Profs John Hardy, Bart De Strooper, Michael Goedert, based in the UK, and Prof Christian Haass, from Germany, unpicked key protein changes that lead to this most common type of dementia.

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Alzheimer’s predictions

Alzheimer; News from the web:

Heart disease deaths have actually decreased 14 percent since 2000, while Alzheimer’s deaths have increased 89 percent. Of the diseases listed in the 10 leading causes of death in the United States, Alzheimer’s is the only one that can’t be prevented, slowed or cured.

But on the positive side, there is a bloodtest in preparation that will warn you  about 20 ahead of any symptoms.

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Disco against Alzheimer’s

Alzheimer; News from the web:

In March 2015, Li-Huei Tsai set up a tiny disco for some of the mice in her laboratory. For an hour each day, she placed them in a box lit only by a flickering strobe. The mice — which had been engineered to produce plaques of the peptide amyloid-β in the brain, a hallmark of Alzheimer’s disease — crawled about curiously. When Tsai later dissected them, those that had been to the mini dance parties had significantly lower levels of plaque than mice that had spent the same time in the dark1.

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Music therapy for Alzheimer’s

Alzheimer; News from the web:

Three health occupation students at Whittier Tech are using music therapy as a way to help patients with Alzheimer’s disease communicate with family and friends.

After watching “Alive Inside” — a film that follows Dan Cohen, founder of the nonprofit organization Music & Memory, as he works to combat memory loss in patients through the use of music — juniors Allasandra Thompson, of Haverhill, Larissa Havey, of Amesbury and Emily Shal, of Amesbury, wanted to replicate the process.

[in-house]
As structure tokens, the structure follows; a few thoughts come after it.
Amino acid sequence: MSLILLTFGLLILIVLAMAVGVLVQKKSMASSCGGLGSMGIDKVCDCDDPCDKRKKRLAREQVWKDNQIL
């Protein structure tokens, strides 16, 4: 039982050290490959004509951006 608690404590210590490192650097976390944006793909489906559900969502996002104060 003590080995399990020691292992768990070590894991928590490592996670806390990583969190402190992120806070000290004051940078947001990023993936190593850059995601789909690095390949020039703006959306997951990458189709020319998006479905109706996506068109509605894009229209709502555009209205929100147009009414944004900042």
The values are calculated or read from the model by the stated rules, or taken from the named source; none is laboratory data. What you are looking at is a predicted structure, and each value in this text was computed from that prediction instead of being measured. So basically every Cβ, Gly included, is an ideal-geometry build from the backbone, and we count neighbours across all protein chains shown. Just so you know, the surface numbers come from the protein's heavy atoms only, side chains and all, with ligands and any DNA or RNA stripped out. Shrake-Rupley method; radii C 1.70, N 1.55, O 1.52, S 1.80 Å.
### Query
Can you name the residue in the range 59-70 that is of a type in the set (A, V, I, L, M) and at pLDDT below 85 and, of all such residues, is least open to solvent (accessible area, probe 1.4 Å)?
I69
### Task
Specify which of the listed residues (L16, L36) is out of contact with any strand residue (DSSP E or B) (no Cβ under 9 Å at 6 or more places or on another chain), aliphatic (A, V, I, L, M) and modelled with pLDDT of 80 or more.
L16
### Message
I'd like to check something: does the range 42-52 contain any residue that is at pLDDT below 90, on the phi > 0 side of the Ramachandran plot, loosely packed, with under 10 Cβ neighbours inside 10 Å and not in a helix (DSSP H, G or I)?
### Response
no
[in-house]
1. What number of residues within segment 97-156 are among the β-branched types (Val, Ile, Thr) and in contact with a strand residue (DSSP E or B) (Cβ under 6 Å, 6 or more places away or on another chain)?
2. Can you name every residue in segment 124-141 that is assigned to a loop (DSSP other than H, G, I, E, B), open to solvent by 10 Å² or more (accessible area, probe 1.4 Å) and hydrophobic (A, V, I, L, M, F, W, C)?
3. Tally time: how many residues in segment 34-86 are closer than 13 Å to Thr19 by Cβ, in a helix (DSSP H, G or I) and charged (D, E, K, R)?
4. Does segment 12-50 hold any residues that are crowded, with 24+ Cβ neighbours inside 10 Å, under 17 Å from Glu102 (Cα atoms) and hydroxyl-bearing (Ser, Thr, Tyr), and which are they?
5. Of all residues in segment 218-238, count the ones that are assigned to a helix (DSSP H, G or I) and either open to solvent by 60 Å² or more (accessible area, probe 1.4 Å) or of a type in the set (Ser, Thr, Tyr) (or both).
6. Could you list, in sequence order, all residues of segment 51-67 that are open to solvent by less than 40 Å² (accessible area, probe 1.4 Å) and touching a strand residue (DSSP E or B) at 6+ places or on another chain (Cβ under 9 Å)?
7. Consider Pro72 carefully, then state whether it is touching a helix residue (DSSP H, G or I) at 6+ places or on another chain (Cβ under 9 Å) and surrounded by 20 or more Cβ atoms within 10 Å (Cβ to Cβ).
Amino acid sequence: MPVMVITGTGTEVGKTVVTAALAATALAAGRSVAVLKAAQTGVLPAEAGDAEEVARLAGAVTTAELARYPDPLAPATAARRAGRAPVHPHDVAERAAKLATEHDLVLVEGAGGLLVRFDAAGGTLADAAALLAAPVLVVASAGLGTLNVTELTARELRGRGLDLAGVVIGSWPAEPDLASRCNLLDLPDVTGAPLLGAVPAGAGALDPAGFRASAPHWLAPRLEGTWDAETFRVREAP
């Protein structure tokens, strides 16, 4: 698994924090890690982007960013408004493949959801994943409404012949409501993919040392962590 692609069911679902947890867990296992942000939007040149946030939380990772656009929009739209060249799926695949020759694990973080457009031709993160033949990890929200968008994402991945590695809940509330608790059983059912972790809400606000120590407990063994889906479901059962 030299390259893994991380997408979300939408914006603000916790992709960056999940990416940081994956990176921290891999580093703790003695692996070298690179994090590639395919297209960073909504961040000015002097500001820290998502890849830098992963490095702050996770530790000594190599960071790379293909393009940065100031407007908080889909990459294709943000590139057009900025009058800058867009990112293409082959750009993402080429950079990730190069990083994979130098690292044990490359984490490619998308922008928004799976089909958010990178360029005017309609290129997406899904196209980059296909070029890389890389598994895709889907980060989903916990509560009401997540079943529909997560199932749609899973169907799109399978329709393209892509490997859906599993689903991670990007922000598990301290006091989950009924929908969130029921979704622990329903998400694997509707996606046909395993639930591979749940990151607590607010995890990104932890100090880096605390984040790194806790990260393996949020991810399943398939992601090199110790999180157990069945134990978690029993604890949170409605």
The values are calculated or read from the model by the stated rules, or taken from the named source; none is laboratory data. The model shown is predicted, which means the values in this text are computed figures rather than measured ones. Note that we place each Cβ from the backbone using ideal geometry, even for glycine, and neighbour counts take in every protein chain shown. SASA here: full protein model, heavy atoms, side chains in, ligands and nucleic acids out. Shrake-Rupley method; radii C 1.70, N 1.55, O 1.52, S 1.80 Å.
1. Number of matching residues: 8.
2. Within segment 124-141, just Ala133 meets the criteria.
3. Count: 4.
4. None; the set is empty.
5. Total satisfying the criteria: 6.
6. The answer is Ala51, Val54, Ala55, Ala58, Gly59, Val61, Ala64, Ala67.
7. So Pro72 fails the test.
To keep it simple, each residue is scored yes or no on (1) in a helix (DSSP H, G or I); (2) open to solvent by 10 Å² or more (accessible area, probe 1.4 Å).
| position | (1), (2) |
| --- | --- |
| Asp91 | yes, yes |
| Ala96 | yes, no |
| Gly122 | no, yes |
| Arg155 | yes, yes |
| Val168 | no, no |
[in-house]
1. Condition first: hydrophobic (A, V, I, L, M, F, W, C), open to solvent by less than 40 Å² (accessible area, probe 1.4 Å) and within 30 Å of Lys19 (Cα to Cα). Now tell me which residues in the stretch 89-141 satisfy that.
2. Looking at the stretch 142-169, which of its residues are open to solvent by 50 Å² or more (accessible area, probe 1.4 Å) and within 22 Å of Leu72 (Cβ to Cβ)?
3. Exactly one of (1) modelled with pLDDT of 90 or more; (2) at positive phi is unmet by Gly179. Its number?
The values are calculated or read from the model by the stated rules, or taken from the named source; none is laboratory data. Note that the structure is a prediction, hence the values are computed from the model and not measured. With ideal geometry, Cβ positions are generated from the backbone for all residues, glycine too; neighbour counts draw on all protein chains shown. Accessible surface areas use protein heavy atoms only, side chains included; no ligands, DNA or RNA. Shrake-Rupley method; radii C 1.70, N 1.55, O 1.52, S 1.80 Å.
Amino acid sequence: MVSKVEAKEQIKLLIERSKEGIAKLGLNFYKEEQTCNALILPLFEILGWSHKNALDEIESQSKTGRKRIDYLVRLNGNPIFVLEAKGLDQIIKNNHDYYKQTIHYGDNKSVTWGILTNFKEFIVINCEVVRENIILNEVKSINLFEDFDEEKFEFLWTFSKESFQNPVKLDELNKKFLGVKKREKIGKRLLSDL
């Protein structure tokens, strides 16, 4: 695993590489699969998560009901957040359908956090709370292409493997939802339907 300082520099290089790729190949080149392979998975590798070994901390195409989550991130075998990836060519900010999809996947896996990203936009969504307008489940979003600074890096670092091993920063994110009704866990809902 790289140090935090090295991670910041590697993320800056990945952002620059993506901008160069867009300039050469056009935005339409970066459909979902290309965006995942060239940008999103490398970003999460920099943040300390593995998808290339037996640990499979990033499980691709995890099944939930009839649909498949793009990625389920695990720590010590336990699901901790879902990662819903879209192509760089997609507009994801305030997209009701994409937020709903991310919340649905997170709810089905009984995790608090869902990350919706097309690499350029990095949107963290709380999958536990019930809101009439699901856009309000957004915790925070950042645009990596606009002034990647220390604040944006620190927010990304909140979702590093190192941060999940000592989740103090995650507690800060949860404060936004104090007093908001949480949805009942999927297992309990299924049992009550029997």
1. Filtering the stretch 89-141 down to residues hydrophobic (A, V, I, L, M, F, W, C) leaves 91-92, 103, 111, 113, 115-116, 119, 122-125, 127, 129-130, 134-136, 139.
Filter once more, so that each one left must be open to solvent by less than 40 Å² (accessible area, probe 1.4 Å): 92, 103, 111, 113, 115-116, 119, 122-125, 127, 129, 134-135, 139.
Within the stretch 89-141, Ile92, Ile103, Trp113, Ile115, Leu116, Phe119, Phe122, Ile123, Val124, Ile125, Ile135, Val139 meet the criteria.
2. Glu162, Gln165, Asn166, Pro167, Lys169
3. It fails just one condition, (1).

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Fish oil reviewed

Alzheimer; News from the web:

A new study about the impact of Fish Oil on Alzheimer’s is underway.

Researchers are concentrating on how the fish oil helps with brain blood flow and how it affects key proteins related to the development of Alzheimer’s, particularly amyloids.

“We’re focusing on a fish oil that we know helps improve blood flow and helps reduce cholesterol levels, to see if that helps beneficially change some of these markers,” s

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The benefits of exercise

Alzheimer; News from the web:

Geriatrics experts have suggested that exercising can improve brain health in . The World Health Organization (WHO) has recommendations for how much older  should . They suggest that older adults perform 150 minutes a week of  (such as brisk walking), 75 minutes a week of vigorous aerobic training, or a combination of the two types. The WHO also recommends older adults perform muscle-strengthening exercises on at least two or more days a week.